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Introduction to Instructional Games and Simulations: EME607: Macdonald-Kelce Library

Introduction to Instructional Games and Simulations


"Standing on the shoulders of giants," means we learn from those who have gone before us. Uncover research from credible sources before you begin so you may build upon greatness versus starting from scratch. EME607 addresses instructional games and simulation theoretical concepts while introducing design, production, utilization, and evaluation of educational games and simulations. That's a lot of information! Let's work smarter, not harder, and not recreate wheels but learn from those who have gone before. Find a good article? Share it with your professor to add to this Lib. Guide! The more we share, the more we know. The more we know, the more we grow!

Simulations and Language Aquisition

Evaluating Educational Games

  • Gunter, G. A., Kenny, R. F., & Vick, E. H. (2008). Taking educational games seriously: using the RETAIN model to design endogenous fantasy into standalone educational games. Educational technology research and Development56(5-6), 511-537.
  • Gunter, G. A., Campbell, L. O., Braga, J., Racilan, M., & Souza, V. V. S. (2016). Language learning apps or games: an investigation utilizing the RETAIN model. Revista Brasileira de Linguística Aplicada16(2), 209-235.

Topics on Games and Simulations

  • Squire, K. (2006). From content to context: Videogames as designed experience. Educational researcher35(8), 19-29.
  • Games to Teach Research
  • See the Articles tab above for many more articles to get you started!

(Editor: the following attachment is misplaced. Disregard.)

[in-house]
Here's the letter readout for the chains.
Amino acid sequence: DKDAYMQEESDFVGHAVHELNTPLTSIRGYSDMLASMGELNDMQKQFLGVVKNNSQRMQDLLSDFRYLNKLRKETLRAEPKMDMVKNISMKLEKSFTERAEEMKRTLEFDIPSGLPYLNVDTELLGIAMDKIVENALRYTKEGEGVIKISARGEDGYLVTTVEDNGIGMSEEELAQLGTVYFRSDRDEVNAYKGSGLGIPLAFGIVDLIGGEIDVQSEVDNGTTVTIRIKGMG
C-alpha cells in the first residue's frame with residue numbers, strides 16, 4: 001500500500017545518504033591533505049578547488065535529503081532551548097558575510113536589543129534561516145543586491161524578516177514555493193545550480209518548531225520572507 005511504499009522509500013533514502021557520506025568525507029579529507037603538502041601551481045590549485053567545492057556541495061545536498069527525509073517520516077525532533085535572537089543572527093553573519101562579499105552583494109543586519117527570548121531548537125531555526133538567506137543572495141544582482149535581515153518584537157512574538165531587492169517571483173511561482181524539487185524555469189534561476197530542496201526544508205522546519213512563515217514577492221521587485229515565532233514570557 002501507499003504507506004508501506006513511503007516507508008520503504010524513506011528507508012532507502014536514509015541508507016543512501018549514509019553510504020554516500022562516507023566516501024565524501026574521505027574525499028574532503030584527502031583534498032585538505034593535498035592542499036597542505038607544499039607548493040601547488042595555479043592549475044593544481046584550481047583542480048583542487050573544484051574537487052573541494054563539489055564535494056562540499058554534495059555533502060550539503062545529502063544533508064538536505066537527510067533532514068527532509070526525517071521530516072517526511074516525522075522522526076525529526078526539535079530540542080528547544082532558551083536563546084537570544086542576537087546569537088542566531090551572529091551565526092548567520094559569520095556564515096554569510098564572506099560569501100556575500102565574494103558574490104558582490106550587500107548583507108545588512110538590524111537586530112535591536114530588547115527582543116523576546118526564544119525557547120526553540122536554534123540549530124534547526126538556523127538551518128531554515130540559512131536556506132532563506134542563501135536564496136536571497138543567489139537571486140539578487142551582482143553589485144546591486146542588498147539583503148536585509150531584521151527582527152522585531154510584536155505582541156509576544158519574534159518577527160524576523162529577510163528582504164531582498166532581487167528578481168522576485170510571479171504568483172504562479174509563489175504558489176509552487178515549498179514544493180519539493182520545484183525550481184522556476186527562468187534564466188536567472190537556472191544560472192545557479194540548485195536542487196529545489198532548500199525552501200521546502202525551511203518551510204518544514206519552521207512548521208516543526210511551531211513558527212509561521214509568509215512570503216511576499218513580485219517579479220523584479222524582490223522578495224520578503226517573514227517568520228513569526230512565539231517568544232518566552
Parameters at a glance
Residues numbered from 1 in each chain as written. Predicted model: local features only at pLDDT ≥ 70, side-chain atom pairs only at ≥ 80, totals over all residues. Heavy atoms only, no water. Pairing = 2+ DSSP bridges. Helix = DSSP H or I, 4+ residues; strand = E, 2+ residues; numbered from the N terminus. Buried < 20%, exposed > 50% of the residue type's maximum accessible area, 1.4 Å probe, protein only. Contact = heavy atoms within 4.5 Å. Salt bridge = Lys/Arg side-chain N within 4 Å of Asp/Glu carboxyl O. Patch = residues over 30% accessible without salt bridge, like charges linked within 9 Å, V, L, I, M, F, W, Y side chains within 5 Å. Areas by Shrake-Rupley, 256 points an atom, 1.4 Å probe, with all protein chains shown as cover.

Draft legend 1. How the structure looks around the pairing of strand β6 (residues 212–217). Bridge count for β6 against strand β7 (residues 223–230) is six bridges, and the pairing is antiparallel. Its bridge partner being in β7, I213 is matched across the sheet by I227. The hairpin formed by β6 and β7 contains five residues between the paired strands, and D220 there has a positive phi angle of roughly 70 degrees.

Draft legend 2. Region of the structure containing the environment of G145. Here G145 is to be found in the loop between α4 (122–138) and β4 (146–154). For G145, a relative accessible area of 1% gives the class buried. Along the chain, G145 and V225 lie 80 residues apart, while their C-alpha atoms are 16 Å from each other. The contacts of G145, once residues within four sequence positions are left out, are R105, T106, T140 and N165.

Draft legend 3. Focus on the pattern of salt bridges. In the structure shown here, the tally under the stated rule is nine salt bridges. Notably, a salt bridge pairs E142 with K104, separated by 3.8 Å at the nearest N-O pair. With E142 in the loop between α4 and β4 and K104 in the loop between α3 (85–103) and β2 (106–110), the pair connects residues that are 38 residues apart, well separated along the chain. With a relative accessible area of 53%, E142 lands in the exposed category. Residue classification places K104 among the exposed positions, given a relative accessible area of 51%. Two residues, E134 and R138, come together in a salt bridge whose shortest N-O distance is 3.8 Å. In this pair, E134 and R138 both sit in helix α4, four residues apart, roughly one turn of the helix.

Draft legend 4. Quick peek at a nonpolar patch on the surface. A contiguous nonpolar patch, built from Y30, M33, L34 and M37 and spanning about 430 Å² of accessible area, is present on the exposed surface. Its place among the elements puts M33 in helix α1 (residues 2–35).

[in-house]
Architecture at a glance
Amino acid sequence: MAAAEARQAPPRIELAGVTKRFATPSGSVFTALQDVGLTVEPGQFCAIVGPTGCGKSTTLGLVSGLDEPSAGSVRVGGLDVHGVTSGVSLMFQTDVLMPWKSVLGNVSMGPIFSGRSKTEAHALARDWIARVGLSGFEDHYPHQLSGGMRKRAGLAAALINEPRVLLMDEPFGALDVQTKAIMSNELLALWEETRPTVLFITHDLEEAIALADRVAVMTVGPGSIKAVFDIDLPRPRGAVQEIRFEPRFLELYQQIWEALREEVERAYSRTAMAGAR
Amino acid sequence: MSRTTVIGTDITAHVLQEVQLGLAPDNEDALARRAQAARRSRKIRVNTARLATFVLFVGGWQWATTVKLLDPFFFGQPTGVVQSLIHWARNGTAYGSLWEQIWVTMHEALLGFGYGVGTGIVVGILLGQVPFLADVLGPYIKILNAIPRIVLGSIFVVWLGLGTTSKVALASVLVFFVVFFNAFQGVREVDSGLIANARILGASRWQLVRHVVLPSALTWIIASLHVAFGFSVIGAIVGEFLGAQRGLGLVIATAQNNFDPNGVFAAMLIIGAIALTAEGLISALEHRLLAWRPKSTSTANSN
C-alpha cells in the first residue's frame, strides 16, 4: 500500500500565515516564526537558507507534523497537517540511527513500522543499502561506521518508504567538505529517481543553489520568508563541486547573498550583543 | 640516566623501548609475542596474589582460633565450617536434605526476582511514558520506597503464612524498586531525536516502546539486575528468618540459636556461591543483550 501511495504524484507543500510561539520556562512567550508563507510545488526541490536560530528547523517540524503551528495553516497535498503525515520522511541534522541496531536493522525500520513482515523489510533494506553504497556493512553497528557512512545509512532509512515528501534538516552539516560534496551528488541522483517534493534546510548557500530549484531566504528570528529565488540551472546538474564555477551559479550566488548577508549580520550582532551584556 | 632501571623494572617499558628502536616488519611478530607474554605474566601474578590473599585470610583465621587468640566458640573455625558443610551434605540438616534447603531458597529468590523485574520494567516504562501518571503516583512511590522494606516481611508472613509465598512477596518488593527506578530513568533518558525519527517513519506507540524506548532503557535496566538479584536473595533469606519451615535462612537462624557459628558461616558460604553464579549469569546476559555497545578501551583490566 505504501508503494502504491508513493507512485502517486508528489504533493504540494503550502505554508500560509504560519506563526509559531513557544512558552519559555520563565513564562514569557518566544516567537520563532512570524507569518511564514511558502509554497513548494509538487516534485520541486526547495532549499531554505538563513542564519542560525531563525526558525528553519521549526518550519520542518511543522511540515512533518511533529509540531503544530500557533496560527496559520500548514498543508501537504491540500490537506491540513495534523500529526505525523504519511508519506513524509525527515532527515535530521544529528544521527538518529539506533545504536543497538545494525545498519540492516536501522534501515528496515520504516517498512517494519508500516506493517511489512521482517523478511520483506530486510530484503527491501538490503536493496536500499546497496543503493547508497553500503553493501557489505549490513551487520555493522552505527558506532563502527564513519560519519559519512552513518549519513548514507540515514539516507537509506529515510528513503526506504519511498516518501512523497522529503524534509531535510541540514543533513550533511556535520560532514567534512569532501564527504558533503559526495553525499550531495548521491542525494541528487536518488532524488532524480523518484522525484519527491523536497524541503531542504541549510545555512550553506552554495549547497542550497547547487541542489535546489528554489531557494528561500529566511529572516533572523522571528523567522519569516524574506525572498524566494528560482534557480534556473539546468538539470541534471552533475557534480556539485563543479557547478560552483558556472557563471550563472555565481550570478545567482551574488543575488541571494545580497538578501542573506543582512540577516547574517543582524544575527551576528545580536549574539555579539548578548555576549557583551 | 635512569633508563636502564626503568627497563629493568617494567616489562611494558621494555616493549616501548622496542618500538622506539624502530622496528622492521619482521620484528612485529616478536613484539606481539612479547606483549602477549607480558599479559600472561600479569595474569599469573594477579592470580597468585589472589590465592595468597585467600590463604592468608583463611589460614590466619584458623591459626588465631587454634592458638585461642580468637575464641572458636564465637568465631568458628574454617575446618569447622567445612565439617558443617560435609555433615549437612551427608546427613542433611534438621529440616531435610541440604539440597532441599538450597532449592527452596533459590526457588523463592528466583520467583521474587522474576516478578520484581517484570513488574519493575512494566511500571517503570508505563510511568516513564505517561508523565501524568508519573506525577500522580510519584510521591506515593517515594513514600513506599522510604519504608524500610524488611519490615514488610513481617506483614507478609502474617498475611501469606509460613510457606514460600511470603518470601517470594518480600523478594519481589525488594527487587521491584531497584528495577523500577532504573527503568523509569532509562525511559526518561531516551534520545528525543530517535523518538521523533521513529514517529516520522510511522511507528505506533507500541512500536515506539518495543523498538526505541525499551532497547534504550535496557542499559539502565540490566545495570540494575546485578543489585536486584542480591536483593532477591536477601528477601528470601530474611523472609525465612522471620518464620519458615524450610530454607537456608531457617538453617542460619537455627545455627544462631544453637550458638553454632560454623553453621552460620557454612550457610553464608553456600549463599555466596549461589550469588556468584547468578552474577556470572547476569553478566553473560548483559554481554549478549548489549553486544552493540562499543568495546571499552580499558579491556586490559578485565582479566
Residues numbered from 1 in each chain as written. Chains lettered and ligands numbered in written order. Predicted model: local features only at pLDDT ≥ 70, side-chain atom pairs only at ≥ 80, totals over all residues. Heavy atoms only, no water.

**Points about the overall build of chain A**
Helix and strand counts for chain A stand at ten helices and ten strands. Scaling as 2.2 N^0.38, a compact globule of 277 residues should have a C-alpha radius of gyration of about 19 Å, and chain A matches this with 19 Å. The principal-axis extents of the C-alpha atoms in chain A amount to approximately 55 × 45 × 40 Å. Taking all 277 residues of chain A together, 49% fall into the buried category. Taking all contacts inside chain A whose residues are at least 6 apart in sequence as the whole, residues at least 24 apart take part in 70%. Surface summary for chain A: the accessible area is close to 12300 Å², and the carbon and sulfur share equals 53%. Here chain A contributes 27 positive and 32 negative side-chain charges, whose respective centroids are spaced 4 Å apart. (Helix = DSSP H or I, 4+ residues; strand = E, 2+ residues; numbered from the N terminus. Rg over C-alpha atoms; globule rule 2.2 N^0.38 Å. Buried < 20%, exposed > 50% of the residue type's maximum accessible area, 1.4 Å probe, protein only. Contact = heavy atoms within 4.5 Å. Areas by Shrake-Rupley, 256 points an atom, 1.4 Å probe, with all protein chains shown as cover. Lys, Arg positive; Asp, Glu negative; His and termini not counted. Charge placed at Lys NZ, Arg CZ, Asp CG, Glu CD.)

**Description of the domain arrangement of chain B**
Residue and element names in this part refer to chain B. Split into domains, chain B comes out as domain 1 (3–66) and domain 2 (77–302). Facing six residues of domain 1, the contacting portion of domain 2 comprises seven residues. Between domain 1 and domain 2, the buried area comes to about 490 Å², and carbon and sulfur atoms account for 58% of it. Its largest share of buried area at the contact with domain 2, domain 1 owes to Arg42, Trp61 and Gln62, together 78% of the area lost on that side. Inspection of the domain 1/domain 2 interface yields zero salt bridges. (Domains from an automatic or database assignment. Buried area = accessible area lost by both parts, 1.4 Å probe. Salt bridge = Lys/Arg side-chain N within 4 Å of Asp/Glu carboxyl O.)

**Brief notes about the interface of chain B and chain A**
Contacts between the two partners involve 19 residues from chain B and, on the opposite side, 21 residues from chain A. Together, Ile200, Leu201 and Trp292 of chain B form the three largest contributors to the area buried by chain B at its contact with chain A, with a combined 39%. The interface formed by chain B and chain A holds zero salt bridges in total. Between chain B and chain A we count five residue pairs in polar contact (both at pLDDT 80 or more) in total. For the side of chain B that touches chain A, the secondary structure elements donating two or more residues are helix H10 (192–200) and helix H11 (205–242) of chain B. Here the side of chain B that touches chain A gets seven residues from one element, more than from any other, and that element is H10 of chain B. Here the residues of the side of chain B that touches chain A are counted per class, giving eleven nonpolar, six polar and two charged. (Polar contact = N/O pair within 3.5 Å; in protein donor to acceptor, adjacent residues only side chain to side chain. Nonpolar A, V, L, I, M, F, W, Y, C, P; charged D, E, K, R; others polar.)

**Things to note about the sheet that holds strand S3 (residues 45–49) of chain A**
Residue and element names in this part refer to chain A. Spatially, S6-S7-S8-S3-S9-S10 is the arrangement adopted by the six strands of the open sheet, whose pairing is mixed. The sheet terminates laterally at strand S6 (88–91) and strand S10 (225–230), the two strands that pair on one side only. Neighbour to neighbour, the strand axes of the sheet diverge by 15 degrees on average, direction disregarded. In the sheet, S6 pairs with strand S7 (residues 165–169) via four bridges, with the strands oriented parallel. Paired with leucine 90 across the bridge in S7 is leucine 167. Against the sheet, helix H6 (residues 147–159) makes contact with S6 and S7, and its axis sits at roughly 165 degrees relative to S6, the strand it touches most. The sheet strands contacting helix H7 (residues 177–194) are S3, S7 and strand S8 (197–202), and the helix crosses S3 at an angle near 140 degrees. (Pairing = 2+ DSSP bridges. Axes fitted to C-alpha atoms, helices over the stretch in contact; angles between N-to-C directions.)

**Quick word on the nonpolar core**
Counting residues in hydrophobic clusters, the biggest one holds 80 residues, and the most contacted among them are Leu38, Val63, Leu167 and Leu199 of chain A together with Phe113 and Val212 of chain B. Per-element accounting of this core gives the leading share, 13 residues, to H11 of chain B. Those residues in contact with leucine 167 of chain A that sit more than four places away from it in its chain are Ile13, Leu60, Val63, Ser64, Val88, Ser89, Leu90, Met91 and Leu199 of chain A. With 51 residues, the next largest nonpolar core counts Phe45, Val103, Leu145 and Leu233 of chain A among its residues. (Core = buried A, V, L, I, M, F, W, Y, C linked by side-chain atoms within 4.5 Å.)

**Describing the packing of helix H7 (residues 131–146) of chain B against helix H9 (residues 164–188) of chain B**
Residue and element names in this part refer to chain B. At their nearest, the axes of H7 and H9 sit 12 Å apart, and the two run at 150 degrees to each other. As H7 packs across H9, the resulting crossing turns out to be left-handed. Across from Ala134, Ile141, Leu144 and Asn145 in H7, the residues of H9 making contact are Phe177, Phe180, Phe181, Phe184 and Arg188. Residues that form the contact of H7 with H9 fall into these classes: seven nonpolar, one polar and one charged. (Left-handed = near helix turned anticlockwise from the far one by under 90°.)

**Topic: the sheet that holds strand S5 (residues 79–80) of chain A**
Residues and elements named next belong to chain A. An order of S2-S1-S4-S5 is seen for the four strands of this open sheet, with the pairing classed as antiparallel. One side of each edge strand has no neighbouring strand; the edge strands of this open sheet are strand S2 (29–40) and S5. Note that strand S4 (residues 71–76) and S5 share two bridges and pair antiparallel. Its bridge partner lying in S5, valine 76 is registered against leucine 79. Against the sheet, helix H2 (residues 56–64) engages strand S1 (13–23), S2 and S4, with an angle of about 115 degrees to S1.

To locate journals in the database collection use the Ejournals search engine on the front page of the library's website (

The following journals might be useful as starting points for scholarly research.

British Journal of Educational Technology

Educational Technology Research & Development

Games & Simulations (not available through UT's database collection)

International Journal of Instructional Media

Digital Games

Endogenous games:

  • 1st Example Game with 3D Representation: That Dragon, Cancer - pro-social themes and first-person, but point-and-click interaction
  • 2nd Example Game with 3D Representation: The Beginner's Guide - not pro-social, but first-person & shows a walk-and-interact style of gameplay
  • 3rd Example Game with 3D Representation: Audience follows a boy and earns XP points with the user selecting the right emotion to go with boy/avatar:
  • 4th Example Game with 2D Representation: Night in the Woods - not necessarily pro-social, but showcases how 2D interactions can still allow players to engage with the world/story/character

Locations to house games

LMS with gamification

Digital Game Authorware

Use the licenses (like Articulate) to develop your own games or have learners make their own games as evidence of PBL! Here are some Authorware sources to get you started.

  • Music
  • More music
  • OBS - Record video from your phone while performing a screencast on your desktop with another tool. 

2-D Animations:

Game Mechanics

  • Branching Authorware: Twine (Note, this makes a nice prototype of a game but a bit of HTML coding knowledge is helpful to save this final product.)
  • Great platform for Choose Your Own Adventure games!

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